5 Autumn Gardening Tips

Here are 5 key Autumn Gardening tips that will bring delicious rewards for you, the health of your garden & vitally give back to & help sustain local wildlife now & into the future.

1. Cut your wildflower meadow.

Using a strimmer or scythe, leave for a couple days then rake up all material & remove, then finish by mowing as short as possible.  Scuff up the soil in places, sow yellow rattle seed & tread in.  This plant also known as meadow maker will help more wildflowers establish over time by weakening the grass.  That’s it, job done until next year!  In the photo above you can see our small meadow after its annual trim, it will look a little raw for some weeks but wildflowers will reap the rewards down the line.  The green line you see was the mown path!

2. Autumn Onion & Garlic Sets. 

If you haven’t ordered yours yet, now’s the time!  Fruit Hill Farm have a great selection currently. I find over-wintering onions do well for me & it’s great to have onions ready for BBQ’s next Summer. We add a good 2 inches of compost to our no dig beds before planting and throw down chicken manure pellets.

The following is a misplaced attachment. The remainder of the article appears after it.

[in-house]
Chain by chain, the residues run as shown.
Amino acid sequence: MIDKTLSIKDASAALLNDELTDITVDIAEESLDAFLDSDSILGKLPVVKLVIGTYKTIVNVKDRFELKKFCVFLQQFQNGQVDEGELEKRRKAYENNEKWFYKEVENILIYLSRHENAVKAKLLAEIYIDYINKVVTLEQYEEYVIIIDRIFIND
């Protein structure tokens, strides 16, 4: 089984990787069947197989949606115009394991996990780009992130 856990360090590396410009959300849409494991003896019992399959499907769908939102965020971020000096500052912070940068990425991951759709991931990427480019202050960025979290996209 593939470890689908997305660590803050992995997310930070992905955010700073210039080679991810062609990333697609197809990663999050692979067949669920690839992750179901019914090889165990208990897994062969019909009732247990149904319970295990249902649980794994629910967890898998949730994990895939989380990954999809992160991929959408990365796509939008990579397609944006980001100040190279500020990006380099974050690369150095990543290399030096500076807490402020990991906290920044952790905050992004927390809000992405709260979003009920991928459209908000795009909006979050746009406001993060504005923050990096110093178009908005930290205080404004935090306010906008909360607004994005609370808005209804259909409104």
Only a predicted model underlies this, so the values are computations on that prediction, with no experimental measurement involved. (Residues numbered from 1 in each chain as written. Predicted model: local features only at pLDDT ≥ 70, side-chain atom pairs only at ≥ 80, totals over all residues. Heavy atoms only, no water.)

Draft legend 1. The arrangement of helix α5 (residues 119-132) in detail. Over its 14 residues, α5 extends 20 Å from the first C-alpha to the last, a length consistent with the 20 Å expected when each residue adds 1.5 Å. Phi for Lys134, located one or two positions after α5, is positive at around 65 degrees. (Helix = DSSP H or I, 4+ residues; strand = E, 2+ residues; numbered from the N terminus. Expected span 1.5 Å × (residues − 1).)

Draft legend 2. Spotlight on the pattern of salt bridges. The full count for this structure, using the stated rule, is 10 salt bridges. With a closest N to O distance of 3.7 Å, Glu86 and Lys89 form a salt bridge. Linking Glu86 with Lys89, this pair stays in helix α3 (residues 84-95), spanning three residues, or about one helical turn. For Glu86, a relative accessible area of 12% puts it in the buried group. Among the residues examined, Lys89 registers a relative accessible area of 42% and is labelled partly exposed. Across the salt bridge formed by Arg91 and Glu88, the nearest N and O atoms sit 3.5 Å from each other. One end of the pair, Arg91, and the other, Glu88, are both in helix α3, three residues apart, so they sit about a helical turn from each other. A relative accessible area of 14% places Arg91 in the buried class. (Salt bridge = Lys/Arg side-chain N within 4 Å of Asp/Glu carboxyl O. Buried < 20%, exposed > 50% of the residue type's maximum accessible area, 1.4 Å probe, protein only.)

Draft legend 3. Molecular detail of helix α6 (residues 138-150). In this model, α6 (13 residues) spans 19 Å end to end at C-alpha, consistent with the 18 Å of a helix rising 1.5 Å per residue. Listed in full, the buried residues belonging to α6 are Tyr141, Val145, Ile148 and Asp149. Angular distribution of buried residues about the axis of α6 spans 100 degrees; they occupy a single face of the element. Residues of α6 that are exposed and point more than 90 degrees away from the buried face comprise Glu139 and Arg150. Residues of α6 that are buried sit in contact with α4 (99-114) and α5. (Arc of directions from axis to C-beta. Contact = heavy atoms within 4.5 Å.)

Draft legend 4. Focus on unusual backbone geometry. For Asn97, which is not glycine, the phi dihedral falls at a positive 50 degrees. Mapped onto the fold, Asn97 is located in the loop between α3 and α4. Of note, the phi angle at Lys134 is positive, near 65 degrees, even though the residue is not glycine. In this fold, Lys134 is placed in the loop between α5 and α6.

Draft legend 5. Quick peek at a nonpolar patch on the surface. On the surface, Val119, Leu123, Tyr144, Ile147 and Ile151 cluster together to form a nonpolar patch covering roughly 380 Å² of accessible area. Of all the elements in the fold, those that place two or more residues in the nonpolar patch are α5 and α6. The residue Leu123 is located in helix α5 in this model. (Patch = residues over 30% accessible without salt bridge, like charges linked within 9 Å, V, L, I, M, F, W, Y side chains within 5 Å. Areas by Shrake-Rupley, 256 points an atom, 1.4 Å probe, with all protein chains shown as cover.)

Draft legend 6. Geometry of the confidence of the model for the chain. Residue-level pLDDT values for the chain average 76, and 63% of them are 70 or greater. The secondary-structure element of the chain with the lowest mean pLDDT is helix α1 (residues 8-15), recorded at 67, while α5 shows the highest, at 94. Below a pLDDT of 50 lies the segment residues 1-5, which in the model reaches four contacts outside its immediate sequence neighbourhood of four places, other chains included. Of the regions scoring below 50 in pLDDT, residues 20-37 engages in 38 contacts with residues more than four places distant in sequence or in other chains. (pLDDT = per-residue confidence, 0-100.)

3. Hedge Cutting.  

Now’s the time to cut all hedges as birds have had their young and moved on. A good clean cut is needed so make sure your shears or hedge cutter is sharp before getting stuck in. Do the cutting on a dry day to avoid any fungal spores getting into the fresh cuts. If you can, push the clippings under the hedge, its a free much and will lock carbon in, oh and it saves a lot of unnecessary work heaving all the material around!

4. Mulching.  

As we continue to harvest plants cover the coming weeks & some start to naturally die back, you might to see areas of bare soil exposed once more. Sow Winter green manures or spread compost to cover the ground, essential to protect it from heavy Winter showers, sustain healthy soil life & build fertility for next years growing!

5. Order bulbs.  

Spring flowering bulbs like crocus or daffodils bring such joy to the darkest months as well as fodder for any early emerging pollinators. But make absolutely sure your bulbs are not treated with neocotinoids which will harm the very insects you might be hoping to nurture. Also go for varieties that actually produce pollen or nectar as not all do. Daffodils for instance are mostly useless for pollinators but there are some that are such as Pseudo Narcissus as well as Jean D’Arc & Yellow Mammoth Crocuses that we’d recommend. Fruit Hill Farm are again a great local supplier of organic bulbs.

Let us know how you get on with these Autumn Gardening tips! Need some extra help!? We offer virtual gardening advice sessions, workshops & design services. For more visit:


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